Lastly, there’s also a built-in key leash with a YKK clip. This is relatively easy to access from the compartment’s top opening. However, it might not be the most optimal place for keys if the compartment is packed tightly. In our case, we ultimately prefer to keep our keys in our own pockets since we have our own key organizer anyway.
Finally, we arrive at the main compartment, and here we have to tell you about our qualm with the X-CASE’s design: the opening. To be clear, the opening itself works fine; the zippers and Hypalon pull tabs make it a breeze to open and close. Its sideways flip-top opening works great in briefcase mode because of the horizontal orientation. However, as you can imagine, this doesn’t translate well in backpack mode where the bag sits vertically.
You have to orient the X-CASE horizontally each time you want to open it to prevent items from falling out. That said, it’s a minor inconvenience and not a total deal-breaker by any means. We just wish we could use the X-CASE as a full-time backpack without turning it into a brief once we need to open it.
Underneath the narrow lid is a pair of twin mesh pockets. They don’t appear that spacious, but the mesh material has a good amount of stretch. Even slightly bulky items like single-socket adapters can fit in here without bending the lid’s structure. Behind each of those is a sideways-opening slip pocket. Their openings aren’t sealed; thus, heavy items like power banks may slip out if you’re not careful.
The front side of the main compartment is filled with pockets for further organization. The left side has two VELCROed pouches for accessories like a travel mouse and an external hard drive, respectively. Above those is a wide but shallow mesh pocket for small items, and this is where we place our omnipresent ChapStick. Lastly, the topmost section of this half is occupied by a zippered pocket big enough for our journal.
On the other hand, the right half is a bit more typical with its liner pockets. The passport and small notebook pockets are along the bottom, followed above by horizontal pen pockets. What’s not typical is the array of four small pockets meant to house small tech accessories like memory cards, USB-C adapters, or Apple AirTags. Note that these share a single flap, so opening one exposes the others.
CODEOFBELL didn’t forget to include a water bottle pocket, though it’s an internal one, which is slower to access than those on the outside. It’s a relatively slim one as we’re only able to fit our 18-ounce Hydro Flask inside. Still, it’s better than not having one at all and just having your bottle flounder around inside loosely.
Next up is the laptop sleeve. Like the expandable front compartment, there are two ways to access it. The first is through an independent zippered opening along the top of the back panel. Alternatively, it’s also accessible through the main compartment. Here the sleeve is locked down through a magnetic Fidlock buckle mounted on Hypalon. This is a bit too much considering there’s very little room to maneuver a buckle once the bag’s packed out.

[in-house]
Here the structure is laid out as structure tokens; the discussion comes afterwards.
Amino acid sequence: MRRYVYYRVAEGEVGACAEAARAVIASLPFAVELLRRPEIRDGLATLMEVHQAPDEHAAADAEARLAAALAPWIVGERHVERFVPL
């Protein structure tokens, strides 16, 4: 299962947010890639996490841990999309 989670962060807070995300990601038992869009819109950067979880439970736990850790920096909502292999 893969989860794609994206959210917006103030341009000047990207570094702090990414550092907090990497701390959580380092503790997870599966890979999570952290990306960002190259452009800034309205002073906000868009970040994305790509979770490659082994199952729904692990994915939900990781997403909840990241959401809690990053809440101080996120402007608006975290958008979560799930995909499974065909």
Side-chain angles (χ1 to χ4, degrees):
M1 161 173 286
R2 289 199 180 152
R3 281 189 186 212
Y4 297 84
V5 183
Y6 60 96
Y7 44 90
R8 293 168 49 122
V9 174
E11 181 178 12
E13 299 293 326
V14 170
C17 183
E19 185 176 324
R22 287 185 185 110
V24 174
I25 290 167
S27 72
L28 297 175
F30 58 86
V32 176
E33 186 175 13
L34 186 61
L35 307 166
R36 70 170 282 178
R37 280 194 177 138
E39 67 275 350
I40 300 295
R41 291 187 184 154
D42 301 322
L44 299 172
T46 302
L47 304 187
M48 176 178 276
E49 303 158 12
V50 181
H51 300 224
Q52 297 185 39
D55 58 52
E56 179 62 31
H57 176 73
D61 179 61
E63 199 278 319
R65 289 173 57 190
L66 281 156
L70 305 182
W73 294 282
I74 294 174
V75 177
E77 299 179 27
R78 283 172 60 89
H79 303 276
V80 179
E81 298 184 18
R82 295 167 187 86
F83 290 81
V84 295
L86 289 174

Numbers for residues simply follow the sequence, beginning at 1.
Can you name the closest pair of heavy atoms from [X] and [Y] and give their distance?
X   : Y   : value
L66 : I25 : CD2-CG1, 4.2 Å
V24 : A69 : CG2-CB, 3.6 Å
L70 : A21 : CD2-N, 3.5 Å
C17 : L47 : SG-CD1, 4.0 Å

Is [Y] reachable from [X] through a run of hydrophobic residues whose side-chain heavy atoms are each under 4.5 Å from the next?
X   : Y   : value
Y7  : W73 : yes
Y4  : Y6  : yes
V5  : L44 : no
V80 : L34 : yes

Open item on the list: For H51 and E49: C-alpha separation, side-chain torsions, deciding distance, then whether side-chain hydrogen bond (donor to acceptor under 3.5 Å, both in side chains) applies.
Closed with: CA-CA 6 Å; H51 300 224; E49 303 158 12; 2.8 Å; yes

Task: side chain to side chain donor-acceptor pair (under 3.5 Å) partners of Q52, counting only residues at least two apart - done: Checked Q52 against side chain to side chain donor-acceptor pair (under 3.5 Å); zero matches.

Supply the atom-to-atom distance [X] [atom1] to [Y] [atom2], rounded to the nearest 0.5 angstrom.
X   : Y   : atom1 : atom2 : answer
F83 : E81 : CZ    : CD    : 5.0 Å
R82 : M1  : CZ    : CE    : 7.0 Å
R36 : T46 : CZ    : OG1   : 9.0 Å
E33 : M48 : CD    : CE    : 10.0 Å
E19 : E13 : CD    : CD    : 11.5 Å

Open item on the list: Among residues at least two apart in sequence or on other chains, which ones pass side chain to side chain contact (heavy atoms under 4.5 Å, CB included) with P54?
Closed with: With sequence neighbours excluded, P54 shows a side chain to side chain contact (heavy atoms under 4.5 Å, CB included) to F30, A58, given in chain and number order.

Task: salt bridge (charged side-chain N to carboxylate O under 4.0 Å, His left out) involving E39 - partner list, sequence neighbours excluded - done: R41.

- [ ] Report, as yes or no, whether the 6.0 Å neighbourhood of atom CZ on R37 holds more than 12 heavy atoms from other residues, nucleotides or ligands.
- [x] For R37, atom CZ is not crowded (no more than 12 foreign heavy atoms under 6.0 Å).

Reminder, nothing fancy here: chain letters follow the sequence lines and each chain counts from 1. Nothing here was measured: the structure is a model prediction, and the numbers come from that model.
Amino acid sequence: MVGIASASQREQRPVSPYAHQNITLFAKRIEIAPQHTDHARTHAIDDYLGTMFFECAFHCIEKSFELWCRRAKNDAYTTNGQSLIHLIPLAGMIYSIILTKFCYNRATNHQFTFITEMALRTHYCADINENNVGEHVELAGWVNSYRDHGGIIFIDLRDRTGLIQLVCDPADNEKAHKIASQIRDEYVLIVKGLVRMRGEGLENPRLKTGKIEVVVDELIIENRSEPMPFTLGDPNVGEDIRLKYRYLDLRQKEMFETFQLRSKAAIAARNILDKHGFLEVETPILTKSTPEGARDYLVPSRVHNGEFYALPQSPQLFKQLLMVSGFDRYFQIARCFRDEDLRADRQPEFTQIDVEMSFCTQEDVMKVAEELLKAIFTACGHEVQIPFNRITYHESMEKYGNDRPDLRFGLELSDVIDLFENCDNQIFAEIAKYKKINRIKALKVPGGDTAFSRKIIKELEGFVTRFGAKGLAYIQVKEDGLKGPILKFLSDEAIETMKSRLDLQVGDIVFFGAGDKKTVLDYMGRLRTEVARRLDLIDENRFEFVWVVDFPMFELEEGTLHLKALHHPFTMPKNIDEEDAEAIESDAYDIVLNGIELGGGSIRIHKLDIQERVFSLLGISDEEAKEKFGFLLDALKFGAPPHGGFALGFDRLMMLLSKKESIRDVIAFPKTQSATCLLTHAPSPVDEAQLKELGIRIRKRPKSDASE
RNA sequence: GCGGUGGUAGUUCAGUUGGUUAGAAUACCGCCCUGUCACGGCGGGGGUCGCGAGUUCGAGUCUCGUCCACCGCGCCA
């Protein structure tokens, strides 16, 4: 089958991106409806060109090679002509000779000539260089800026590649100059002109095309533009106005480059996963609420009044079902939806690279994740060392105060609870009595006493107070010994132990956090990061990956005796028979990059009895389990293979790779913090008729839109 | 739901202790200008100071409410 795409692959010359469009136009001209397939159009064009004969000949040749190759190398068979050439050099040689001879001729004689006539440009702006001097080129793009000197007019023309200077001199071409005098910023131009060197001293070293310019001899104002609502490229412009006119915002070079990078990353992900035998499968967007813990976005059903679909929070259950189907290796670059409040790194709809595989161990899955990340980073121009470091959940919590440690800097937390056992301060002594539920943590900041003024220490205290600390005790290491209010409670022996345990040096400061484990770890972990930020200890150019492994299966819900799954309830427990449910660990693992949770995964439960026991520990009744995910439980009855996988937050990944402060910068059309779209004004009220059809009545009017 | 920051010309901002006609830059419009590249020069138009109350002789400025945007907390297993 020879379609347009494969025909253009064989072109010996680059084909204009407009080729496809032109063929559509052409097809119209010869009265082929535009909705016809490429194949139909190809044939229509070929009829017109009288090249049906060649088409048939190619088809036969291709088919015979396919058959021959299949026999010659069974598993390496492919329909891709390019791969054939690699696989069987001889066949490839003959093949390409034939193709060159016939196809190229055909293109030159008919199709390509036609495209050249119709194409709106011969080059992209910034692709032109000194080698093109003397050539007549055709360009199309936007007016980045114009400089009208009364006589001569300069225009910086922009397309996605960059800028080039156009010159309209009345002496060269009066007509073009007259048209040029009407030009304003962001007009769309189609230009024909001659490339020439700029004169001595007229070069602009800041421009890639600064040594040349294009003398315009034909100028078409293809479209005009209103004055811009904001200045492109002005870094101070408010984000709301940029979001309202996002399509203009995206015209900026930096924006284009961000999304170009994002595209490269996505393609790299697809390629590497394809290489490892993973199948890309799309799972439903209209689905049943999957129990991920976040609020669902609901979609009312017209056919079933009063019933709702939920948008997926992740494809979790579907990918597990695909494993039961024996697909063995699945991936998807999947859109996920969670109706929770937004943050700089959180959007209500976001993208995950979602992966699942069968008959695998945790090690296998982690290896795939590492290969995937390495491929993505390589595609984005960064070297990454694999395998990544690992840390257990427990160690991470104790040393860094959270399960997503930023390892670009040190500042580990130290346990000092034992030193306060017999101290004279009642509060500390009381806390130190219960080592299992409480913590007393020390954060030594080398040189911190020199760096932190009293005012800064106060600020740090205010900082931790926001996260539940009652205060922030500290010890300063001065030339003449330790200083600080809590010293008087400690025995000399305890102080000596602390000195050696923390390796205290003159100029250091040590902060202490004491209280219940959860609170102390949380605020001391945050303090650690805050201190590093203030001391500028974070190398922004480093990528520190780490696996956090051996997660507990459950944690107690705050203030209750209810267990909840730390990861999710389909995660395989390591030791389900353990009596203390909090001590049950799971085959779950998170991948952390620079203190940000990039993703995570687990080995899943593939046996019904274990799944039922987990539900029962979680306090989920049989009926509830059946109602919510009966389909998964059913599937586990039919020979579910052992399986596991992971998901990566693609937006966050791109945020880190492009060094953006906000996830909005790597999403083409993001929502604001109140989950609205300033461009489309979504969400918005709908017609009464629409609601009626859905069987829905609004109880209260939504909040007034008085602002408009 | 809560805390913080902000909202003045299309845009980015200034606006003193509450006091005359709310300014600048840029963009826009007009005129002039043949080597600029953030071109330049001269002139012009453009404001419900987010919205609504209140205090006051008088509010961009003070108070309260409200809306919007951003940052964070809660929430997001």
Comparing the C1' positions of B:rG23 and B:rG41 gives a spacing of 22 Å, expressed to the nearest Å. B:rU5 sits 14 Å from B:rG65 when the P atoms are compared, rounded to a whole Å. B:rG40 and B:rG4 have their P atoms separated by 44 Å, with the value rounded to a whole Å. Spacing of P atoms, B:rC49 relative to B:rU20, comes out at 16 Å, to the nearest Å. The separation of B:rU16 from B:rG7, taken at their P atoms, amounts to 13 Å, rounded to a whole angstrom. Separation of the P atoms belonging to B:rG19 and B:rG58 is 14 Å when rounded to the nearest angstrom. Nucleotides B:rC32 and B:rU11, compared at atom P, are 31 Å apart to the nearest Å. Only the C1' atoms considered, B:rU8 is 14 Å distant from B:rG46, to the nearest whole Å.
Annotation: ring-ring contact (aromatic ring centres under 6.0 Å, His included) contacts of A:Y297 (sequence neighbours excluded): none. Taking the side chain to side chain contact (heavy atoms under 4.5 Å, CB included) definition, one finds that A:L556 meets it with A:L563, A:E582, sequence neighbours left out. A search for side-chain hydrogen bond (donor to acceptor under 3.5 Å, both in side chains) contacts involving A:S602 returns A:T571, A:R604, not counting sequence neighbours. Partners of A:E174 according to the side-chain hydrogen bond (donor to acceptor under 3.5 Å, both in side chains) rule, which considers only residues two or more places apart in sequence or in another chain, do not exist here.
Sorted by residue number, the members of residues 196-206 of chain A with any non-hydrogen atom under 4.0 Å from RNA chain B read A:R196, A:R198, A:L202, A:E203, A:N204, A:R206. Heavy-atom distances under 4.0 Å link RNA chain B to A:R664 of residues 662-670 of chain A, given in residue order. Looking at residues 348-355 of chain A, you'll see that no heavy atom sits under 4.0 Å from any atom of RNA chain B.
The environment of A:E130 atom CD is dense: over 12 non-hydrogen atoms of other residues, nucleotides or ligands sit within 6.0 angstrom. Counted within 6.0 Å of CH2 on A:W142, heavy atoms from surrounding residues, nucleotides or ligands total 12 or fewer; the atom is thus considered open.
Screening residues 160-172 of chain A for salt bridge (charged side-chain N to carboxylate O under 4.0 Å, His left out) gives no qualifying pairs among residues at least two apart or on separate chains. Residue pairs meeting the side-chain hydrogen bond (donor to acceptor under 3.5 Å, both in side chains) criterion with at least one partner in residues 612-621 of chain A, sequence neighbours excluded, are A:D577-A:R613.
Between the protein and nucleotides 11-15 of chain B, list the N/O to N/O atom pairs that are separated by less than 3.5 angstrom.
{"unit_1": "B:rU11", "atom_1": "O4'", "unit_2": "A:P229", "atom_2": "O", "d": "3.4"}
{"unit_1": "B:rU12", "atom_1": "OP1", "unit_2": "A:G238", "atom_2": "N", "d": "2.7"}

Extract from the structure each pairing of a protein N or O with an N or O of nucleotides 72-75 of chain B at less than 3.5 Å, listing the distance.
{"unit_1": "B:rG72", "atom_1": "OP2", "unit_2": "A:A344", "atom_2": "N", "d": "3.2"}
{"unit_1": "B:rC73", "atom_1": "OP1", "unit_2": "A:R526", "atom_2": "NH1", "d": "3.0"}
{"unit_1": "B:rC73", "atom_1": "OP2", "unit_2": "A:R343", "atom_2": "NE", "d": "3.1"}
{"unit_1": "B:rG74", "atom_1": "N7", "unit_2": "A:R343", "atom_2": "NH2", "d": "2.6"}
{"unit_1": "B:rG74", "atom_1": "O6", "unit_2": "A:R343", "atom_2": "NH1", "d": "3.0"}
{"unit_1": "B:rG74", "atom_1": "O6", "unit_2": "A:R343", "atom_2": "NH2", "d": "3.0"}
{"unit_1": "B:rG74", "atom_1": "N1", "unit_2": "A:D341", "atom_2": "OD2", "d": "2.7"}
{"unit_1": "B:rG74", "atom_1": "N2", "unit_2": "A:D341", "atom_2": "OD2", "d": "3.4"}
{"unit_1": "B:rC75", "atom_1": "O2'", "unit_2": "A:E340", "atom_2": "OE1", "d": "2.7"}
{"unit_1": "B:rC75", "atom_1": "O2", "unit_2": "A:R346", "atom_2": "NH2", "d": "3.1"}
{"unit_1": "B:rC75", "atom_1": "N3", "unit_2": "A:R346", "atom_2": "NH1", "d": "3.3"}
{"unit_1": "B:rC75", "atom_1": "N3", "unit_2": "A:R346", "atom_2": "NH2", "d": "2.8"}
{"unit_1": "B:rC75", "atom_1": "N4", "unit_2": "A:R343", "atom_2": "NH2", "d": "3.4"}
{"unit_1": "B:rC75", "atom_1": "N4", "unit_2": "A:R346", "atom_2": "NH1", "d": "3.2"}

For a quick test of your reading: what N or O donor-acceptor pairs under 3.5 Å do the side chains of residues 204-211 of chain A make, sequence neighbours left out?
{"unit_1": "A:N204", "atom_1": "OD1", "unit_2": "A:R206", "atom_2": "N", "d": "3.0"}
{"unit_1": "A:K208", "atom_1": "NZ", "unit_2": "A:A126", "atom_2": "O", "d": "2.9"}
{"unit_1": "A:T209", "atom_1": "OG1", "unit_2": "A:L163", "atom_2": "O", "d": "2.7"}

That said, taking our 16-inch MacBook Pro through the back panel opening isn’t as easy as we hoped for either. There’s a separate document sleeve within the laptop sleeve, and its opening has a VELCROed section.—our laptop snags on this portion, requiring us to maneuver it carefully, paying extra attention not to hit the VELCRO.
There is still enough space inside for a few packing cubes and pouches despite the numerous pockets and large laptop sleeve. The only drawback here is that accessing those bottom-most pockets is quite cumbersome once the space is filled up. On the upside, the bright orange liner means navigating through a packed main compartment is much easier compared to if it were an all-black interior.
Phew! That was a lot to go through, but to be fair, the X-CASE has a very extensive features list. CODEOFBELL threw in everything from the smallest details like the Hypalon pull tabs and all the way up to the big stuff like the expandable front compartment. Is it overkill? In some areas, it is. A strap and handle came off on their own, some pockets are tricky to reach, and the main compartment opening that only optimally works horizontally.
Still, even with those rough edges, the X-CASE still has tons of functionality left to offer. So much so that we don’t consider sticking extra ANNEX-series gear on it necessary unless you’ve saturated its many, many pockets. It’s a feature-packed bag for those with a fully-packed needs.
- Compatibility with the ANNEX series is a good way to expand capacity
- The durable X-Pac fabric just feels right and at home here
- Feels comfortable to carry in any of the three ways (backpack, brief, and messenger)
- In typical CODEOFBELL fashion, all the material choices are top-notch with a price tag to match
- In testing, we had the briefcase handle and waist straps fall off unprompted—there’s a lot going on with this bag
- Although you can extend the X-CASE with the ANNEX CARRIER, LINER, and CASE, we feel there’s enough pocketing and organization already, and some configurations get in the way of features
- Comfortable to wear on backpack mode
- Structured shape allows bag to stand up on its own